Wexiteers are the new pawns for Canadian conservative leaders

Right now, no mainstream Canadian political party outside Quebec supports separatism. But that doesn't mean they won't flirt with Wexit or otherwise profit off a sense of western alienation.

No one with any power supports western separatism, but that doesn't mean they won't find it useful

Saskatchewan Premier Scott Moe and Alberta Premier Jason Kenney are disavowing western separatism while trying to harness the anger behind the sentiment. (Bryan Eneas/CBC; Jeff McIntosh/The Canadian Press)

When 52 members of the Reform Party of Canada stormed into Parliament in 1993, the rallying cry for Preston Manning's political movement was "the West wants in."

A quarter of a century later, vocal elements in Alberta and Saskatchewan insist the West actually wants to bail on Confederation.

Anger toward Ottawa runs so deep in oil, potash and canola country, advocates for western separatism are amassing support on social media.

"You gotta know that there's a huge number there that are willing to take the next step," Wexit Saskatchewan spokesperson Allan Kerpan told CBC Saskatoon, referring to the 220,000 members of his organization's Facebook page.

Do one in six Saskatchewan residents truly want to leave Canada? Some of the posts on Kerpan's page may be Russian bots, trying to sow dissension, but even if those posts are by real Saskatchewan residents, the question is irrelevant.

Right now, no mainstream political party outside Quebec wants anything to do with separatism. But that doesn't mean they won't flirt with it.

The sharpest rise in western alienation since the early 1980s, when Albertans slapped "let the eastern bastards freeze in the dark" stickers on their vehicles, has presented leverage opportunities for Canada's conservative leaders.

Chief among them is federal Opposition Leader Andrew Scheer, who claimed on election night Canada is more divided than ever. 

As a student of politics, Scheer almost certainly knows this isn't the case. In recent memory, the nation's lowest point of cohesion was Oct. 30, 1995, when Quebecers narrowly avoided leaving the country in a referendum vote.

A picker unloads pipe from a truck and stacks it in a Trans Mountain Pipeline yard in Edson, Alta. The failure to expand the pipeline is fuelling anger against Ottawa. (Terry Reith/CBC)

Albertans themselves were far angrier with Ottawa and Pierre Trudeau during the National Energy Program era that spawned the "eastern bastards" bumper sticker than they are with his son, who is trying, and so far failing, to expand a pipeline.

A history of division

Conscription during the First World War threatened to divide the country. So did the treatment of Louis Riel, back when Manitoba, not Alberta, was the most rebellious region in what is now Western Canada.

Canada has always suffered through these bouts of division. What Scheer appears to be doing, in playing up the anger among his base, is demonstrating Conservatives won't make life easy for a Justin Trudeau minority government that's flirting with support from the anti-pipeline NDP, Bloc and Greens. 

At the provincial level, Alberta Premier Jason Kenney and Saskatchewan's Scott Moe are doing some flirting of their own. They're trying to harness the anger of western separatism while overtly disavowing the idea.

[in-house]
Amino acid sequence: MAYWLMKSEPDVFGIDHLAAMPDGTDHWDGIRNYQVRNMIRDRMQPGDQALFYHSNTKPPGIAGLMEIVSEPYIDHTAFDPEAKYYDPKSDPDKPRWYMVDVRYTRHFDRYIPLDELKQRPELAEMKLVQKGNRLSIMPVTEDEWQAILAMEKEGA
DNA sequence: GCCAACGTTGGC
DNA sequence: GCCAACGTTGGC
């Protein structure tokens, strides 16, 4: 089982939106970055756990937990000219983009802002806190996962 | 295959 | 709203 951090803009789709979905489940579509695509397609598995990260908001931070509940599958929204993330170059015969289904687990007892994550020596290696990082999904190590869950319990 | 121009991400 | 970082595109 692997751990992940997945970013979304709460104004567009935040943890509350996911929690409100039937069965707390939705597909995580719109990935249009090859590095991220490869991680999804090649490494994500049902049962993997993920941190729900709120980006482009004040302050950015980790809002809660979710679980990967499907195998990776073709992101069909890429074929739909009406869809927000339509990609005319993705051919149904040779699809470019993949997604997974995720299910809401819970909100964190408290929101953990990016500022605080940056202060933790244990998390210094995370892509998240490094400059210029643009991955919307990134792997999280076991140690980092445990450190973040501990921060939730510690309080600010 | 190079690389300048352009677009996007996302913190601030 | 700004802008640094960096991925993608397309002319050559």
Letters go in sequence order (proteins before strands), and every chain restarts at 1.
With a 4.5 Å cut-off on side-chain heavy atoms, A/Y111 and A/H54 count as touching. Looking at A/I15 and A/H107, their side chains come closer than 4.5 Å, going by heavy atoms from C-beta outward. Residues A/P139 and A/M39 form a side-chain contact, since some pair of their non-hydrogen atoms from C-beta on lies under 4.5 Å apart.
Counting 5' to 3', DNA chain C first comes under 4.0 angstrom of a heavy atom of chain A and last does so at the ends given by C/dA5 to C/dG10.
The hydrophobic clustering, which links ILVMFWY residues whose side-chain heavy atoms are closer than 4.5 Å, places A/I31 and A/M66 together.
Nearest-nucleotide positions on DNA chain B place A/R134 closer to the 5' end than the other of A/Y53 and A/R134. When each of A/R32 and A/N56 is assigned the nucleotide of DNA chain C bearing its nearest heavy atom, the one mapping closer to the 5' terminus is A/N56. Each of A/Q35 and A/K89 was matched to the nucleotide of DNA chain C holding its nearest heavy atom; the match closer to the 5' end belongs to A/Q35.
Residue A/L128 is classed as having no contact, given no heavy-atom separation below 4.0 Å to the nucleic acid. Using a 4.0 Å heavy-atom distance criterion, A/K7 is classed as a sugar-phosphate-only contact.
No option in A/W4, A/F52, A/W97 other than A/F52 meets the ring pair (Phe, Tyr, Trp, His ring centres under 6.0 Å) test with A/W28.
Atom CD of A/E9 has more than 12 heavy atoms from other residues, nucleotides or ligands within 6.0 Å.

Moe called for a "new deal with Canada." Kenney rejected separation in the same address where he stated "we should not let Justin Trudeau … make us feel unwelcome in our own country."

Manitoba Premier Brian Pallister also entered the fray this week by stating he has no time for the separatist sentiment that no one with any actual power is espousing.

"I don't think you ever get anywhere building a stronger relationship by threatening to leave it," Pallister told reporters, comparing Confederation to a marriage. "I think you have to work together. You have to overcome your difficulties."

While it's safe to say this is precisely what Pallister believes, it is very easy to knock down a straw man. Manitoba's premier got to appear magnanimous to the nation and honourable to his constituents, without actually offending any of his peers.

Premier Brian Pallister could play diplomacy into a better deal for Manitoba, especially from a weakened federal Liberal government. (Austin Grabish/CBC)

He also sent a signal to Ottawa. Trudeau, who is short on allies right now, could stand to bolster his working relationship with Manitoba's premier.

There is a relatively recent precedent for this. At the start of Stephen Harper's minority Conservative governments, he developed a productive relationship with Gary Doer, then Manitoba's NDP premier.

Doer was soon appointed Canada's ambassador to the United States. Pallister may desire a different plum — a break on the carbon tax Manitoba is fighting in court.

In other words, advocates for western separatism may yet have a significant effect on Canada: their voices will help conservative leaders get what they want.

Unfortunately for Wexiteers, that doesn't mean a smaller Confederation.


Bartley Kives

Senior reporter, CBC Manitoba

Bartley Kives joined CBC Manitoba in 2016. Prior to that, he spent three years at the Winnipeg Sun and 18 at the Winnipeg Free Press, writing about politics, music, food and outdoor recreation. He's the author of the Canadian bestseller A Daytripper's Guide to Manitoba: Exploring Canada's Undiscovered Province and co-author of both Stuck in the Middle: Dissenting Views of Winnipeg and Stuck In The Middle 2: Defining Views of Manitoba.